You can now taste historic Mexico thanks to the University of Texas San Antonio.

UTSA has had an ongoing project of preserving, collecting, and digitizing cookbooks from throughout Mexico’s history. Some books date back to the 1700s and offer a look into Mexico’s culinary arts and its evolution.

UTSA has been digitizing Mexican cookbooks for years and the work is now being collected for people in the time of Covid.

Millions of us are still at home and projects like these can be very exciting and exactly what you need. The recipes are a way to distract yourself from the current reality.

“The e-pubs allow home cooks to use the recipes as inspiration in their own kitchens,” Dean Hendrix, the dean of UTSA Libraries, said in UTSA Today. “Our hope is that many more people will not only have access to these wonderful recipes but also interact with them and experience the rich culture and history contained in the collection.”

The free downloads are a way for people to get a very in-depth look into Mexican food history.

The first of three volumes of the cookbooks focuses on desserts so you can learn how to make churros, chestnut flan, buñelos, and rice pudding. What better way to spend your quarantine than learning how to make some of these yummy desserts. We all love sweets, right?

If you want to get better with making your favorite desserts, check out this cookbook and make it happen.

There is nothing better than diving into your history and using food as your guide. Food is so intrinsically engrained in our DNAs and identities. We love the foods and sweets from our childhood because they hold a clue as to who we are and where we come from. This historical collection of recipes throughout history is the perfect way to make that happen.

READ: The Laziest Food Hacks In All Of The Land Would Send Your Abuela To The Chancla

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One Year Later, The Latino Community Remembers The El Paso Shooting

Things That Matter

One Year Later, The Latino Community Remembers The El Paso Shooting

Mario Tama / Getty Images

On August 3, 2019, a man entered a Walmart in El Paso, Texas and killed 23 customers and injured 23 more. The shooter, Patrick Crusius, went to the Walmart with the expressed purpose of killing Mexican and Mexican-Americans. One year later, the community is remembering those lost.

One year ago today, a man killed 23 people in an El Paso Walmart targeting our community.

The Latino community was stunned when Patrick Crusius opened fire and killed 23 people in El Paso, Texas. The gunman wrote a manifesto and included his desire to kill as many Mexicans and Mexican-Americans he could in the El Paso Walmart. The days after were filled with grieving the loss of 23 people and trying to understand how this kind of hate could exist in our society.

Representative Veronica Escobar, who represents El Paso, is honoring the victims today.

Rep. Escobar was on the scene shortly after the shooting to be there for her community. The shooting was a reminder of the dangers of the anti-Latino and xenophobic rhetoric that the Trump administration was pushing for years.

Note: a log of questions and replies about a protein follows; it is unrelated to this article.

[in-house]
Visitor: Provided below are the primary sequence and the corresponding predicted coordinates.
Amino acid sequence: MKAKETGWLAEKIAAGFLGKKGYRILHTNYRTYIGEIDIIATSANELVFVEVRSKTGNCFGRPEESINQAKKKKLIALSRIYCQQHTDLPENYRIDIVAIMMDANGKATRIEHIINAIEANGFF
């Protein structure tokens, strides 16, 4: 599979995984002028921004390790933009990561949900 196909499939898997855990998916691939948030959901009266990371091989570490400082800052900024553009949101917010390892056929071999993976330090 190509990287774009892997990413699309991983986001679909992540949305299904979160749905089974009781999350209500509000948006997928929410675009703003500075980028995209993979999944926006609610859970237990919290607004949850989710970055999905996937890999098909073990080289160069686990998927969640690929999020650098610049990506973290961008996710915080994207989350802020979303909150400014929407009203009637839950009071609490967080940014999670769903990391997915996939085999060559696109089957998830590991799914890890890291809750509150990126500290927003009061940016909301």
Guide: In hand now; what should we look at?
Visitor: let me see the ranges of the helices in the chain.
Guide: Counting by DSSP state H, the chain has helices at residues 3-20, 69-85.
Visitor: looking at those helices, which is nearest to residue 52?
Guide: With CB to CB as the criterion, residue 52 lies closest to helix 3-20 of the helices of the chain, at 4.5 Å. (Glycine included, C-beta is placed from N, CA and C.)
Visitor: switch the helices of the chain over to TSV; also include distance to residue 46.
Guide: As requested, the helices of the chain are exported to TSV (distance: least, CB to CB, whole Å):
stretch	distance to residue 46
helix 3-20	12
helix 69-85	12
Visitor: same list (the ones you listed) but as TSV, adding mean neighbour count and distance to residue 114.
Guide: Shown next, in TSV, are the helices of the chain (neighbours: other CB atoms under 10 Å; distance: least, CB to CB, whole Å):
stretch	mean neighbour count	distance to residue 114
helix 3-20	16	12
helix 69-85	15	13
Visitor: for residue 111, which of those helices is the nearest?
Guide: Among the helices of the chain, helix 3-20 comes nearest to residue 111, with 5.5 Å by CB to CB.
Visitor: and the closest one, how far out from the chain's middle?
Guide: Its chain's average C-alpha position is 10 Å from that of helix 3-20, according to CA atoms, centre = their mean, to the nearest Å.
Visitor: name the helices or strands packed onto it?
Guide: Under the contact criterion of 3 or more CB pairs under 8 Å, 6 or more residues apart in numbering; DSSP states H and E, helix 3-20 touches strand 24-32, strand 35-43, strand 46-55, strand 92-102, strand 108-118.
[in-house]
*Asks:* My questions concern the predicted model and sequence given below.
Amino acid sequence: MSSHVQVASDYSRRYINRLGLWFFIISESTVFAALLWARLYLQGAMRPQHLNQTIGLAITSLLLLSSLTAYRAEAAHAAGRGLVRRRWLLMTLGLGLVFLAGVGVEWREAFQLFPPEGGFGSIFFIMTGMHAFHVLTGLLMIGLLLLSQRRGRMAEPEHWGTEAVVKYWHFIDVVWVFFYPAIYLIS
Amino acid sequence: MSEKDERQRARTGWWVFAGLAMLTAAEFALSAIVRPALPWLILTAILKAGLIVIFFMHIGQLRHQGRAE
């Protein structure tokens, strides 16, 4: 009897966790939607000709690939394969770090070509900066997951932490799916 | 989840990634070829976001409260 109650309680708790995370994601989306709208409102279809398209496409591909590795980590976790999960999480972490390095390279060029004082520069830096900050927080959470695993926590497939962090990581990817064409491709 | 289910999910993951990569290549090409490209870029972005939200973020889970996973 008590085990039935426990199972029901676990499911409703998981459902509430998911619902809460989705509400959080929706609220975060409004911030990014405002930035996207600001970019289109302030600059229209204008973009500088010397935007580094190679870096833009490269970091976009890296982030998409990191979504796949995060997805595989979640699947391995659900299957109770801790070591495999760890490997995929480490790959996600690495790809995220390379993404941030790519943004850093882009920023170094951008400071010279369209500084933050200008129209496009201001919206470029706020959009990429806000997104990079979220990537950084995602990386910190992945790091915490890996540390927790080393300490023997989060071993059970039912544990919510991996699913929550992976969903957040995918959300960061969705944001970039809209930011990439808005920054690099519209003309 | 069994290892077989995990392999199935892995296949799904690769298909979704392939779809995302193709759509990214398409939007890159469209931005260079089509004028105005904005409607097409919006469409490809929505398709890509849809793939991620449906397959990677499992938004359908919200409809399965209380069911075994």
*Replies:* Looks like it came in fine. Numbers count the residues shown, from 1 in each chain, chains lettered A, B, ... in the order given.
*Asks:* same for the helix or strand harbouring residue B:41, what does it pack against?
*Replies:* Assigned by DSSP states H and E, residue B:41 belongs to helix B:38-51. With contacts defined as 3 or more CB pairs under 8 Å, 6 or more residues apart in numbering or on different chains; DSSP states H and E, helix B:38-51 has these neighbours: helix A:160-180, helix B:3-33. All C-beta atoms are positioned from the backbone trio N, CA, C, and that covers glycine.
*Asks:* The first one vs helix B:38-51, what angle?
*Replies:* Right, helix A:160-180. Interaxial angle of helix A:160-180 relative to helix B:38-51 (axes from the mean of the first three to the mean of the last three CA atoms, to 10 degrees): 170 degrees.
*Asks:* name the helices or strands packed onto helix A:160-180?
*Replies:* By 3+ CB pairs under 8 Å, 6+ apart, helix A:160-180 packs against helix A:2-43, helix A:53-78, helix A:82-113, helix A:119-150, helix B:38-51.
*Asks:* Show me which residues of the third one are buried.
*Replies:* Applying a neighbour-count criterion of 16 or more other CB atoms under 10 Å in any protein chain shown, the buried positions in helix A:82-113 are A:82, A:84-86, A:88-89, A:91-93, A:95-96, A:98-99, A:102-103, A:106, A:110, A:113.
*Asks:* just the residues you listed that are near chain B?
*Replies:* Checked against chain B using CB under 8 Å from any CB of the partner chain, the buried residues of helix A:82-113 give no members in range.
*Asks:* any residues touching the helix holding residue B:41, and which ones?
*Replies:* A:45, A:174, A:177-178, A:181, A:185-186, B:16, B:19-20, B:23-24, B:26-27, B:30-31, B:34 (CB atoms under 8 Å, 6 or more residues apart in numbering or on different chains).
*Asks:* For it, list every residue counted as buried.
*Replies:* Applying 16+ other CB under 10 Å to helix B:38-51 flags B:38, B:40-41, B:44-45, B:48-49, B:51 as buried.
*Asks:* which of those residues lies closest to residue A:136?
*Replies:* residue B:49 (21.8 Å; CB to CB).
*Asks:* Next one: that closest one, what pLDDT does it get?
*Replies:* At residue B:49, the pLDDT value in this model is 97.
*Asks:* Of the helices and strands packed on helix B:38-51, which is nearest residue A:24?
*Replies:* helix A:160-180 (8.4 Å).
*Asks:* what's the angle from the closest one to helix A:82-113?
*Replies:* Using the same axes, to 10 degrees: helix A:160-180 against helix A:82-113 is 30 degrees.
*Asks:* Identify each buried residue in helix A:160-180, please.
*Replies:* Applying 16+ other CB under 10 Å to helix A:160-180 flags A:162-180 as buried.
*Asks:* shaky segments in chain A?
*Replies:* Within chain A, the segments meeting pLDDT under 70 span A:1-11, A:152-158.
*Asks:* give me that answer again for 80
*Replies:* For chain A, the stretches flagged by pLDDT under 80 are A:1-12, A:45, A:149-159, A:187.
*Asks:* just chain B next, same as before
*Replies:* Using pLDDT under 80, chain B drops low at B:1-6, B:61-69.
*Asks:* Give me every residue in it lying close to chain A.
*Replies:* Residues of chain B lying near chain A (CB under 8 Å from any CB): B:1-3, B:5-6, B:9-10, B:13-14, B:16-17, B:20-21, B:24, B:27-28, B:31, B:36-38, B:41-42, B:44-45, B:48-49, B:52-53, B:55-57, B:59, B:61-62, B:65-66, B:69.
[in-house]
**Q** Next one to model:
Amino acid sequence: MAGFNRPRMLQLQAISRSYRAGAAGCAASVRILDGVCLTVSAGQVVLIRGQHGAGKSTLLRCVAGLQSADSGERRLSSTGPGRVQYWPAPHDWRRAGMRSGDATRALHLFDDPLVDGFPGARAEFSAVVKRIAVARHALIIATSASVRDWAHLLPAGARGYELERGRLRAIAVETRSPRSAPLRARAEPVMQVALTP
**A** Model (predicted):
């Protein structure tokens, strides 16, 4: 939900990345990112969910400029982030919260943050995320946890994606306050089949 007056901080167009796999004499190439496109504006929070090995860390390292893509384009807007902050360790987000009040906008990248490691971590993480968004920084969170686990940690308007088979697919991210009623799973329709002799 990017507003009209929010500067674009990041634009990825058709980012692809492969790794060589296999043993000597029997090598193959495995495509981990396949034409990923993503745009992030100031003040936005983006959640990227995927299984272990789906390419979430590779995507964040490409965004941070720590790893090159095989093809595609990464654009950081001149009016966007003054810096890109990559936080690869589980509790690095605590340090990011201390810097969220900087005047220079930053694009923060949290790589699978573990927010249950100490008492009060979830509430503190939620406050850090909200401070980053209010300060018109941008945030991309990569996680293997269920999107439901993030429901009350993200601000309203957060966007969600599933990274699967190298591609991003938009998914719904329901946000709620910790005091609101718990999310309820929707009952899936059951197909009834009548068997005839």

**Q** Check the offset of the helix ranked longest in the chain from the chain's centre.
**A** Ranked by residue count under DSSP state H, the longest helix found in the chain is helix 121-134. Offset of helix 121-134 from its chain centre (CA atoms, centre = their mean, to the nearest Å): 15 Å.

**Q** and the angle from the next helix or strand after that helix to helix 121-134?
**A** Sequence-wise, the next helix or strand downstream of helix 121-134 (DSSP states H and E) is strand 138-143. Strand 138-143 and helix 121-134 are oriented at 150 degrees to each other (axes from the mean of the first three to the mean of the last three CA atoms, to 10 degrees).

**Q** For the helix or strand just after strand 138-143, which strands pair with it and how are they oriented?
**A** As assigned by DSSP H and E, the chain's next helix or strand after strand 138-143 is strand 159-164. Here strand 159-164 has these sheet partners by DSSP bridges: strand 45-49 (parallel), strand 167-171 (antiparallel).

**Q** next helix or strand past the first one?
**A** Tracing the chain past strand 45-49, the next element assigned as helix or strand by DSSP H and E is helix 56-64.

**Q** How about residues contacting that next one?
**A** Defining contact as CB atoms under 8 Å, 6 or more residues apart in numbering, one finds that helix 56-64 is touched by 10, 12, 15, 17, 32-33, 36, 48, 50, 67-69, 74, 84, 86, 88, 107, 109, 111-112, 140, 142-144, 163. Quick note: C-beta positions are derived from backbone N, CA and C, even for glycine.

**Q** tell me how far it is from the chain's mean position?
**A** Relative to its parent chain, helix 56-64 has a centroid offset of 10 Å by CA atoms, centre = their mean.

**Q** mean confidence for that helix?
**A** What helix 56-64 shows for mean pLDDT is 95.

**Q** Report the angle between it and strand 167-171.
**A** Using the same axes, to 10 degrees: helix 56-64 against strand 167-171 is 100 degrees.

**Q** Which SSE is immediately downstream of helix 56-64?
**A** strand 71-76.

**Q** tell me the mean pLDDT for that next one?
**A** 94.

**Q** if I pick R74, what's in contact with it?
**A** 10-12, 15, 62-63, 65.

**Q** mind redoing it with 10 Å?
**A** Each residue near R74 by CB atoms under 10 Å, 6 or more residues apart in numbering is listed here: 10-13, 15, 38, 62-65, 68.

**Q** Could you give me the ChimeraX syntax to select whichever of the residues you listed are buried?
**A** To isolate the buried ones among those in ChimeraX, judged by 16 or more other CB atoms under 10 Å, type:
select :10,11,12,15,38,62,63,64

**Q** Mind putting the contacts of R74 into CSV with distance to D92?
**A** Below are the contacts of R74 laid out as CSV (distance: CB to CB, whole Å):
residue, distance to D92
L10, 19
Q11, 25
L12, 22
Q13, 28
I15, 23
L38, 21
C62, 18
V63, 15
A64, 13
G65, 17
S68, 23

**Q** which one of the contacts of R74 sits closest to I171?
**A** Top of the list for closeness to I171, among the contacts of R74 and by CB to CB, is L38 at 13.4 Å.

“One year ago, our community and the nation were shocked and heartbroken by the horrific act of domestic terrorism fueled by racism and xenophobia that killed 23 beautiful souls, injured 22, and devasted all of us,” Rep. Escobar said in a statement. “Today will be painful for El Pasoans, especially for the survivors and the loved ones of those who were killed, but as we grieve and heal together apart, we must continue to face hate with love and confront xenophobia by treating the stranger with dignity and hospitality.”

El Pasoans are coming together today to remember the victims of the violence that day.

Latinos are a growing demographic that will soon eclipse the white communities in several states. Some experts in demographic shifts understand that this could be a terrifying sign for the white population. These changing demographics give life to racist and hateful ideologies.

“When you have a few people of color, the community is not seen so much as a threat,” Maria Cristina Morales, an associate professor of sociology at the University of Texas at El Paso, told USA Today about the fear of changing demographics. “But the more that the population grows – the population of Latinos grow for instance – the more fear that there’s going to be a loss of power.”

The international attack is still felt today because of the constant examples of white supremacy still active today.

“It doesn’t occur to you that there’s a war going on, and there’s always been a war going on—the helicopters the barbed wire—but you just kind of didn’t see it,” David Dorado Romo, an El Paso historian who lost a friend in the shooting, told Time Magazine.

The sudden reminder of the hate out there towards the Latino community was felt nationwide that day. The violent attack that was planned out revealed the true cost of that hate that has been pushed by some politicians.

“El Paso families have the right to live free from fear, and I will continue to honor the victims and survivors with action,” Rep. Escobar said in her statement. “Fighting to end the gun violence and hate epidemics that plague our nation.”

READ: As El Paso Grieves Their Loss, Here Is Everything We Know About The Victims Of The El Paso Massacre, Which Were Mostly Latino